Learn the Shocking Secret to Attracting and Keeping Clients

Be nice to them.

Yes, it’s really that simple but it’s shocking how many accounting firms are negative or even hostile to their clients without being aware of it. To illustrate, here is an excerpt of tax submission instructions from a recently published client letter. Capitalization is from the original.

“Due to the turnaround time necessary for in-house procedures and computer operations, it is vital to send in your tax information EARLY. We cannot promise to complete returns that are sent to us in April. PLEASE send only complete information—sending in information bit by bit will incur extra charges.

PLEASE DO NOT SEND PERSONAL TAX INFO IN THE SAME PACKAGE AS ANY PARTNERSHIP, LLC, OR CORPORATE INFORMATION.”

There are two ways to read this, as the long suffering accountant who has to deal with shoeboxes and tote bags of paper, mostly irrelevant, dropped off on April 7 by a frantic client with a bank officer breathing down their neck. Oh yeah, we all know how that feels.

But, since this post is about clients and what makes them happy, let’s look at it from their side.

• First, all those capitals are shouting do this and do that. Capitalizing the word “please” doesn’t make it nicer.

• Then, when clients read the copy, they find that it’s all about the accountants, their schedule and what they want to make their life easier. There’s not one scrap that clients care about or that takes a burden off of them.

• Last, there’s the comment about complete information and extra charges. Nothing puts a client on edge like the possibility of a surprise bill.

Let’s try a rewrite:

“To speed the preparation and processing of your tax return, please send your information as early as possible. We strive to prepare returns quickly and accurately, but missing information will result in longer preparation times and more time and effort for all.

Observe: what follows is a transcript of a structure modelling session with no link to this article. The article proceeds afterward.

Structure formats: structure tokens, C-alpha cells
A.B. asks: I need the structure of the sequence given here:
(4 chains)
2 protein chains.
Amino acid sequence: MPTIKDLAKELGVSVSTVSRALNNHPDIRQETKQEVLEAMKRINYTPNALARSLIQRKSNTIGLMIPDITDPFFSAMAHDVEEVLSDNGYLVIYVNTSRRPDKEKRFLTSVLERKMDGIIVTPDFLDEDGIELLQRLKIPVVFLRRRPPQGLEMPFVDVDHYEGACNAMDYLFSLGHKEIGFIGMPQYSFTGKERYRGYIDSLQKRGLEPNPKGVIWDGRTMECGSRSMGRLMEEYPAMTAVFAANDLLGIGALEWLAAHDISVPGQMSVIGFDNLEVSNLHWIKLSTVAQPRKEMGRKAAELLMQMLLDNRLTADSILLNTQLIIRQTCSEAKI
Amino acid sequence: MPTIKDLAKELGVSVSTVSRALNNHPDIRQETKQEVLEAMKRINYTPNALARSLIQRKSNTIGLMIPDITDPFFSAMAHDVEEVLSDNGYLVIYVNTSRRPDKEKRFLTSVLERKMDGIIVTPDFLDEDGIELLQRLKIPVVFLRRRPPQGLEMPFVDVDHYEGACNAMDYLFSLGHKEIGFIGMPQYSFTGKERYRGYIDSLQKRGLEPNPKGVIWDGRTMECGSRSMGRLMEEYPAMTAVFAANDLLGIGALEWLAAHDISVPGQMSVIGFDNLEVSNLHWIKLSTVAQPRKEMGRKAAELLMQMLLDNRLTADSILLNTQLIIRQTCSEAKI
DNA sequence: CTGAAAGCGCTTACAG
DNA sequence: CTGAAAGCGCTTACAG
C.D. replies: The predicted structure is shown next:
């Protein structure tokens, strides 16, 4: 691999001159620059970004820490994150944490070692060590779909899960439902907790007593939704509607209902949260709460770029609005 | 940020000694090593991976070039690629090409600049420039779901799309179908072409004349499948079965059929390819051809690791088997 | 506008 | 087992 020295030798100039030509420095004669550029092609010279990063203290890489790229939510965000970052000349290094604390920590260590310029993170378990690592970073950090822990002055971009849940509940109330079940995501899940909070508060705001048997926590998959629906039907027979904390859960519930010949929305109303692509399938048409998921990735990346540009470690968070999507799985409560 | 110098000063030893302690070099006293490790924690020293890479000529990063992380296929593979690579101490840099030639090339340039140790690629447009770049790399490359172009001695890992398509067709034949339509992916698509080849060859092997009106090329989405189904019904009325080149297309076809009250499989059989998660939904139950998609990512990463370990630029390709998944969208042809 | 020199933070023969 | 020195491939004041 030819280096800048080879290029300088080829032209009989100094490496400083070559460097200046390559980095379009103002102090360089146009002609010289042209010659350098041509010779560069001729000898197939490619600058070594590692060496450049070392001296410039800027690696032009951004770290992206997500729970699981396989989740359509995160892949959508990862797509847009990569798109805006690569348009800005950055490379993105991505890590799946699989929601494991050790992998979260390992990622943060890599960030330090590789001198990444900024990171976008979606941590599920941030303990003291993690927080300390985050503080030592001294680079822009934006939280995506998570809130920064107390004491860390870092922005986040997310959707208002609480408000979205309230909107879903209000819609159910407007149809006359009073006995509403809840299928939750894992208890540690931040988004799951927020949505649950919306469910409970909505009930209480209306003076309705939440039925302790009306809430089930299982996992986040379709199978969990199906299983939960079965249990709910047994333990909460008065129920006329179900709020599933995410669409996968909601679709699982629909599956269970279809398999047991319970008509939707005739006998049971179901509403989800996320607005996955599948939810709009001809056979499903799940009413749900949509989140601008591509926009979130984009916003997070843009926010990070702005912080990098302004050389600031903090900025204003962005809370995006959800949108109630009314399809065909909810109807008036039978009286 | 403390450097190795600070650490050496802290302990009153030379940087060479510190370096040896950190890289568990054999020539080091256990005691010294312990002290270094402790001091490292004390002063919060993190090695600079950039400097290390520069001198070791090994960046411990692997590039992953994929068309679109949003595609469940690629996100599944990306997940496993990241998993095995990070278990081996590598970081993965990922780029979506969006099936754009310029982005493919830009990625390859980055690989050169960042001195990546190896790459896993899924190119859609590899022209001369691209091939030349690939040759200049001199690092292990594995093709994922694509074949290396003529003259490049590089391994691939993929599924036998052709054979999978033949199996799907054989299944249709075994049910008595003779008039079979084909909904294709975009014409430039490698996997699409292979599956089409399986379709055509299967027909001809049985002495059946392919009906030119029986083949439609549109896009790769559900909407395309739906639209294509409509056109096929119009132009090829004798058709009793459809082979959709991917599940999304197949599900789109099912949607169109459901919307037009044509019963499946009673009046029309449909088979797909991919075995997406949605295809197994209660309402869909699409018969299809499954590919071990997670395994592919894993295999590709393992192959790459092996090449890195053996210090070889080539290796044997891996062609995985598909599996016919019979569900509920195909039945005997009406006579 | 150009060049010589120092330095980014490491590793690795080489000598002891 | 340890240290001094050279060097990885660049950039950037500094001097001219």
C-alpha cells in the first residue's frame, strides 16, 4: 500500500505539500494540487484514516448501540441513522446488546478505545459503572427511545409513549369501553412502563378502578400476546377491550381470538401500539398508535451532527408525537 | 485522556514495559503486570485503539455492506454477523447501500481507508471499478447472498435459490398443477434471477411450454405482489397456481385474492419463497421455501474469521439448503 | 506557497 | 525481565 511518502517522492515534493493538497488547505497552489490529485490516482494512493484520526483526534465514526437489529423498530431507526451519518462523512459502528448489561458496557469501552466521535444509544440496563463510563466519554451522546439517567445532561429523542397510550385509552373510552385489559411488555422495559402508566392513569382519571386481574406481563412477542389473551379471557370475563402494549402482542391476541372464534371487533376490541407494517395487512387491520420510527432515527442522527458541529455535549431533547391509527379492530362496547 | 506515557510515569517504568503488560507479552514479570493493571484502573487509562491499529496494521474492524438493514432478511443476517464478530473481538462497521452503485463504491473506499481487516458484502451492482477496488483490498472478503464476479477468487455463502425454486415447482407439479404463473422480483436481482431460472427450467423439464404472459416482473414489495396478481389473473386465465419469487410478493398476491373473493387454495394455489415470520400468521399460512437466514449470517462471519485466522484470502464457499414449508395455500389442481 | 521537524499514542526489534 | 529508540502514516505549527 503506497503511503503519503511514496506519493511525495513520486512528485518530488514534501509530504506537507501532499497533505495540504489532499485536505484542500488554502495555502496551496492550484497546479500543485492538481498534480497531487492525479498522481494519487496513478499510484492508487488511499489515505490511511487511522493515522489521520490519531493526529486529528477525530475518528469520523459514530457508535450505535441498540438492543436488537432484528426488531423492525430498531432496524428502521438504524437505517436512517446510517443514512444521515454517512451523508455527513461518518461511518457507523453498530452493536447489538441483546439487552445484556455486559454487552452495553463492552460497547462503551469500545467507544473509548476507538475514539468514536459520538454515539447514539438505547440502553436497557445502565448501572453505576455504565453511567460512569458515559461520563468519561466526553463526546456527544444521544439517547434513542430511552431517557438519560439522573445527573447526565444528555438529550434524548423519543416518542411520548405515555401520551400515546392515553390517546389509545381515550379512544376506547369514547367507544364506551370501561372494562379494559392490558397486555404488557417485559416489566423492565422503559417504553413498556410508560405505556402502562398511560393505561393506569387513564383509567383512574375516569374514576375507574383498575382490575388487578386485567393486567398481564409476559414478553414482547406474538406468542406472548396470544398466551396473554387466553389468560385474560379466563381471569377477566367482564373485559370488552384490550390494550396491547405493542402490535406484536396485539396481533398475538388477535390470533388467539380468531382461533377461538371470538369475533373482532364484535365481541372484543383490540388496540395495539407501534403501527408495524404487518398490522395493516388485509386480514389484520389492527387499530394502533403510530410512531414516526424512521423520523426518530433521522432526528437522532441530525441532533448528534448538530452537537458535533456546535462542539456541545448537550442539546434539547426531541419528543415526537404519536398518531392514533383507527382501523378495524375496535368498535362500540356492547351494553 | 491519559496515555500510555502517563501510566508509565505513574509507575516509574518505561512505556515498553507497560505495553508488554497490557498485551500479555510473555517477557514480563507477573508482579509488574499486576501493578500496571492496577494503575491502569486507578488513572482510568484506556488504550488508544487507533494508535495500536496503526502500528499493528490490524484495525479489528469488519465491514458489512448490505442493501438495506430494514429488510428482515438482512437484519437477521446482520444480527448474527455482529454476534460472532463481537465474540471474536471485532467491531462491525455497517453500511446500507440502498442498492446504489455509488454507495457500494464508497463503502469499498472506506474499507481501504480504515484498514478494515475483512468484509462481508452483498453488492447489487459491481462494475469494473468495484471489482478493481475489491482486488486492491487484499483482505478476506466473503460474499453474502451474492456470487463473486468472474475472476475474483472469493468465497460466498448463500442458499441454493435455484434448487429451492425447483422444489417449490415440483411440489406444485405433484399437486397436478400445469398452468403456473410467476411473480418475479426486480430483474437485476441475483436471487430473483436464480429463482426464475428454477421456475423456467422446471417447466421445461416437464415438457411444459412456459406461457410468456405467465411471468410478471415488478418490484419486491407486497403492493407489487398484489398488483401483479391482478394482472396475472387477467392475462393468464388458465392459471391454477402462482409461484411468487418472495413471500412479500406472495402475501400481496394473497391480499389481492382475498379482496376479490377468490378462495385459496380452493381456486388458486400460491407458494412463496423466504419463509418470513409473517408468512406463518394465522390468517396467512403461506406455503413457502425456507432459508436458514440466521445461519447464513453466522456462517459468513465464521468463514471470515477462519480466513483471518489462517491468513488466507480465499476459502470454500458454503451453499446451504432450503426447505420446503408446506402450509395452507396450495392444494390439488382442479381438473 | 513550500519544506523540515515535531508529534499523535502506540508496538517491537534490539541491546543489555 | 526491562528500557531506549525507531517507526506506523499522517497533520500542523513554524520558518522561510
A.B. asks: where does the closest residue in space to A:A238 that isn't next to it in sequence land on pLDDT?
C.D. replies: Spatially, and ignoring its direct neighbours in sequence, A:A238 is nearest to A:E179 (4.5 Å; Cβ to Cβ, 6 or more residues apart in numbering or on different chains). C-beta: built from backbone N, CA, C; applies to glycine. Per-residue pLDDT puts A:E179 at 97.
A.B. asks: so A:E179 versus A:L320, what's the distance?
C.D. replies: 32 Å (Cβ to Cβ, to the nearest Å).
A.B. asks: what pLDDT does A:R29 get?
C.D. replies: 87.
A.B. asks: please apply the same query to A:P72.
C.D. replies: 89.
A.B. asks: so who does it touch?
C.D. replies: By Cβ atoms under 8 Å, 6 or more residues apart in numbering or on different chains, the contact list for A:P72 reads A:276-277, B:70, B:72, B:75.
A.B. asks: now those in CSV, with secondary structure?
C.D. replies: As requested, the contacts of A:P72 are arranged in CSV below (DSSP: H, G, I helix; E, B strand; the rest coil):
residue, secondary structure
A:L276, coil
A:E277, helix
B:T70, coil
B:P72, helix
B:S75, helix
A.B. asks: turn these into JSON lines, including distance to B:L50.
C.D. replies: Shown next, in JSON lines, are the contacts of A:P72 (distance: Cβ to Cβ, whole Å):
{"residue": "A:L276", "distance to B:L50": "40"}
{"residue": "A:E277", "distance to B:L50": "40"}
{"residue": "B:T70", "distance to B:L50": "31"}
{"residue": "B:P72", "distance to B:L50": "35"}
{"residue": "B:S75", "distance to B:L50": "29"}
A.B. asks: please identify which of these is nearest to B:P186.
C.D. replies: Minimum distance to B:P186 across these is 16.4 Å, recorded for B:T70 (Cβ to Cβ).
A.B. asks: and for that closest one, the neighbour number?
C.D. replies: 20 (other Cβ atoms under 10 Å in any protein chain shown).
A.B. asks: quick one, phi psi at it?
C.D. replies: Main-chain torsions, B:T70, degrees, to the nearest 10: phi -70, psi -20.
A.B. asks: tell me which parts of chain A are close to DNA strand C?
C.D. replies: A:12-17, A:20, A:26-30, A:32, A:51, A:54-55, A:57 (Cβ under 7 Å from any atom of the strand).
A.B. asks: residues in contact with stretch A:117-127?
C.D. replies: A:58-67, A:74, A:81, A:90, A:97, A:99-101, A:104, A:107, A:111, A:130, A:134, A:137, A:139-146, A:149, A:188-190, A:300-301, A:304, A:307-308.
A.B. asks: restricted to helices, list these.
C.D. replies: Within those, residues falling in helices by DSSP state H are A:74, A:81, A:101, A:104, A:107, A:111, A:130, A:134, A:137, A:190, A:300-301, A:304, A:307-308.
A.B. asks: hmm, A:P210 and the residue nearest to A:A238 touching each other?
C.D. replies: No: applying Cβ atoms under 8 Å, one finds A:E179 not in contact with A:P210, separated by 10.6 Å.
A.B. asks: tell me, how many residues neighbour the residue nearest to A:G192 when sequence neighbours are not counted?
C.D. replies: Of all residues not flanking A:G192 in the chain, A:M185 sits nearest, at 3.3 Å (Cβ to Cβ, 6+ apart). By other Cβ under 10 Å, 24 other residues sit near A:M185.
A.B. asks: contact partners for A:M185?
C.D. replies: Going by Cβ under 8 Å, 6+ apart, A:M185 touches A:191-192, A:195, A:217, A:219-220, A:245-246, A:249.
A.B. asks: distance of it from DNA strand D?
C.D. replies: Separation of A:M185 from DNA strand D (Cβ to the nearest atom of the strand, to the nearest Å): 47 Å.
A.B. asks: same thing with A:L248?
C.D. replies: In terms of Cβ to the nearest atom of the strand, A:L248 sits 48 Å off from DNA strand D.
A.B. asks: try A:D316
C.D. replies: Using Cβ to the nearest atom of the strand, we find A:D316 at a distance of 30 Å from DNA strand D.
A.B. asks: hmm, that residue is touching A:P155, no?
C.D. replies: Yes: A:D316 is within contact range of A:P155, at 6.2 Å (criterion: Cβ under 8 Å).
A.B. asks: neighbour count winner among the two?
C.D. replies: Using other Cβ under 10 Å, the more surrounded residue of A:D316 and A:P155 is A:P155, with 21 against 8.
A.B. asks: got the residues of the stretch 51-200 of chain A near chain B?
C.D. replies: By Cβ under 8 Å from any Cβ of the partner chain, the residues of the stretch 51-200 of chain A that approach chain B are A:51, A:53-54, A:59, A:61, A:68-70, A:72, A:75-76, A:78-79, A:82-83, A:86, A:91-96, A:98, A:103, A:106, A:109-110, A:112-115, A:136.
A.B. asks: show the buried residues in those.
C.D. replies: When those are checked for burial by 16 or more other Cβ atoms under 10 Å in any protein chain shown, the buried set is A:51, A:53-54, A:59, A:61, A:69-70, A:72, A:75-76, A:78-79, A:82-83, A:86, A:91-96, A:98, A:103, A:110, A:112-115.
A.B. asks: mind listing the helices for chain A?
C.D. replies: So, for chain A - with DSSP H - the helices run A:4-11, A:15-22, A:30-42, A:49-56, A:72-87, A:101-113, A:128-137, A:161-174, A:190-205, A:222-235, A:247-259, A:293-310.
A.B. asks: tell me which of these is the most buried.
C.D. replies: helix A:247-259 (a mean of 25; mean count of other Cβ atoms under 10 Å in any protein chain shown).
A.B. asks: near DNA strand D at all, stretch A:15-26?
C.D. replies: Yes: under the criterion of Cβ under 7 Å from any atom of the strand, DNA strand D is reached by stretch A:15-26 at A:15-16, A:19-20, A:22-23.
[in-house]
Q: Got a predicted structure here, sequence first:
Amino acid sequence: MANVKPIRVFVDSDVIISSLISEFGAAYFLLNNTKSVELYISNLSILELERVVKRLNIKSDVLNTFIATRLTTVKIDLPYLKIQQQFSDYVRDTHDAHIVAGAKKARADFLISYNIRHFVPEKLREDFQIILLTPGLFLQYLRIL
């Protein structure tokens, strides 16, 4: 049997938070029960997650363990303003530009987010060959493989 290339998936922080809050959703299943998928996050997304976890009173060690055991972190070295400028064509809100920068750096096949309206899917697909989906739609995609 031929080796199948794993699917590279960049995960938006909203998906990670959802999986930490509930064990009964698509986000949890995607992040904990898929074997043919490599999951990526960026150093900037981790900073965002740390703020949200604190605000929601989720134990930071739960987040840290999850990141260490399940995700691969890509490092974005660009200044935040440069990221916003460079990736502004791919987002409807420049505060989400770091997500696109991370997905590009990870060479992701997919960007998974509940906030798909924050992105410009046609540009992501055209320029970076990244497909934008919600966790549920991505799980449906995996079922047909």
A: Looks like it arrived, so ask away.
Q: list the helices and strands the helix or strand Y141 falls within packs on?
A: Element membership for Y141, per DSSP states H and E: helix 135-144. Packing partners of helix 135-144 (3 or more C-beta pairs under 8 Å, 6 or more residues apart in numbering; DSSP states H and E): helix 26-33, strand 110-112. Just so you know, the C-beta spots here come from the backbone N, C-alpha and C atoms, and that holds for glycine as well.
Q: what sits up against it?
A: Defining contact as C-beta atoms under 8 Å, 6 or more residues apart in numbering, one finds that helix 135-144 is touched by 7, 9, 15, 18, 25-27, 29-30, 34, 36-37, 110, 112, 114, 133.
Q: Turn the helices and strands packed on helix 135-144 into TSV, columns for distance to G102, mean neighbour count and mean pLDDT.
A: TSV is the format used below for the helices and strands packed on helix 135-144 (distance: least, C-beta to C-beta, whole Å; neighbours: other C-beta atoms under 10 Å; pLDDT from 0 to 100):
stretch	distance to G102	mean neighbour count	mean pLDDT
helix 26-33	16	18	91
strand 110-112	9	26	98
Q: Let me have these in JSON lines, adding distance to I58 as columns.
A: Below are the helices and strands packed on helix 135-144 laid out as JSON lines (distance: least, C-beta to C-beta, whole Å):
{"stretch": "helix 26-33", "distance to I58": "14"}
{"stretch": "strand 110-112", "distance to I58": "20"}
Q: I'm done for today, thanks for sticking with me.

With your information in house by the end of March, we can complete your returns by the due date. To ensure that important information is properly included in all your returns, please separate personal tax information from business items.”

Doesn’t that sound better to your client? It emphasizes the benefits to the client of speedy tax preparation, accuracy and less effort on their part by following a few friendly suggestions. In short, it’s about the client and their needs as well as communicating professionalism and quality service from your firm. Being nice to your clients is good business; after all, they’re the ones writing the checks.

If you want your communications to be more client friendly, contact me for a makeover.

Advertisements

2 responses to “Learn the Shocking Secret to Attracting and Keeping Clients

  1. It is shocking but for some reason no longer surprising that accountants deal with clients like this – somehow seeing themselves as a sort of authority rather than a service for the benefit of clients.

    One thing to understand is the whole purpose of an accountancy practice, at least from the perspective of doing business (ie clients) is to provide benefit and value to a client.

    When a client causes difficulties in providing timely or accurate work, this really shouldn’t be a cost or problem to the accountant that charges a permium fee – but it’s ultimately at a cost to the client – either a financial cost or through receiving a lower level of service.

    When advising clients, as far as they are concerned it’s not for the accountants convenience or personal prefernce but should be expressed as being in the clients’ interest… just as can be seen in Monette’s example above!

  2. I think you’ve made a great point about accountant’s seeing themselves as authorities instead of service professionals.

    As long as I’ve been in the profession, this attitude has been prevalent and it’s always struck me as odd, after all, the client pays the bills!

    Thanks for your thoughts!

Leave a Reply

Fill in your details below or click an icon to log in:

WordPress.com Logo

You are commenting using your WordPress.com account. Log Out / Change )

Twitter picture

You are commenting using your Twitter account. Log Out / Change )

Facebook photo

You are commenting using your Facebook account. Log Out / Change )

Google+ photo

You are commenting using your Google+ account. Log Out / Change )

Connecting to %s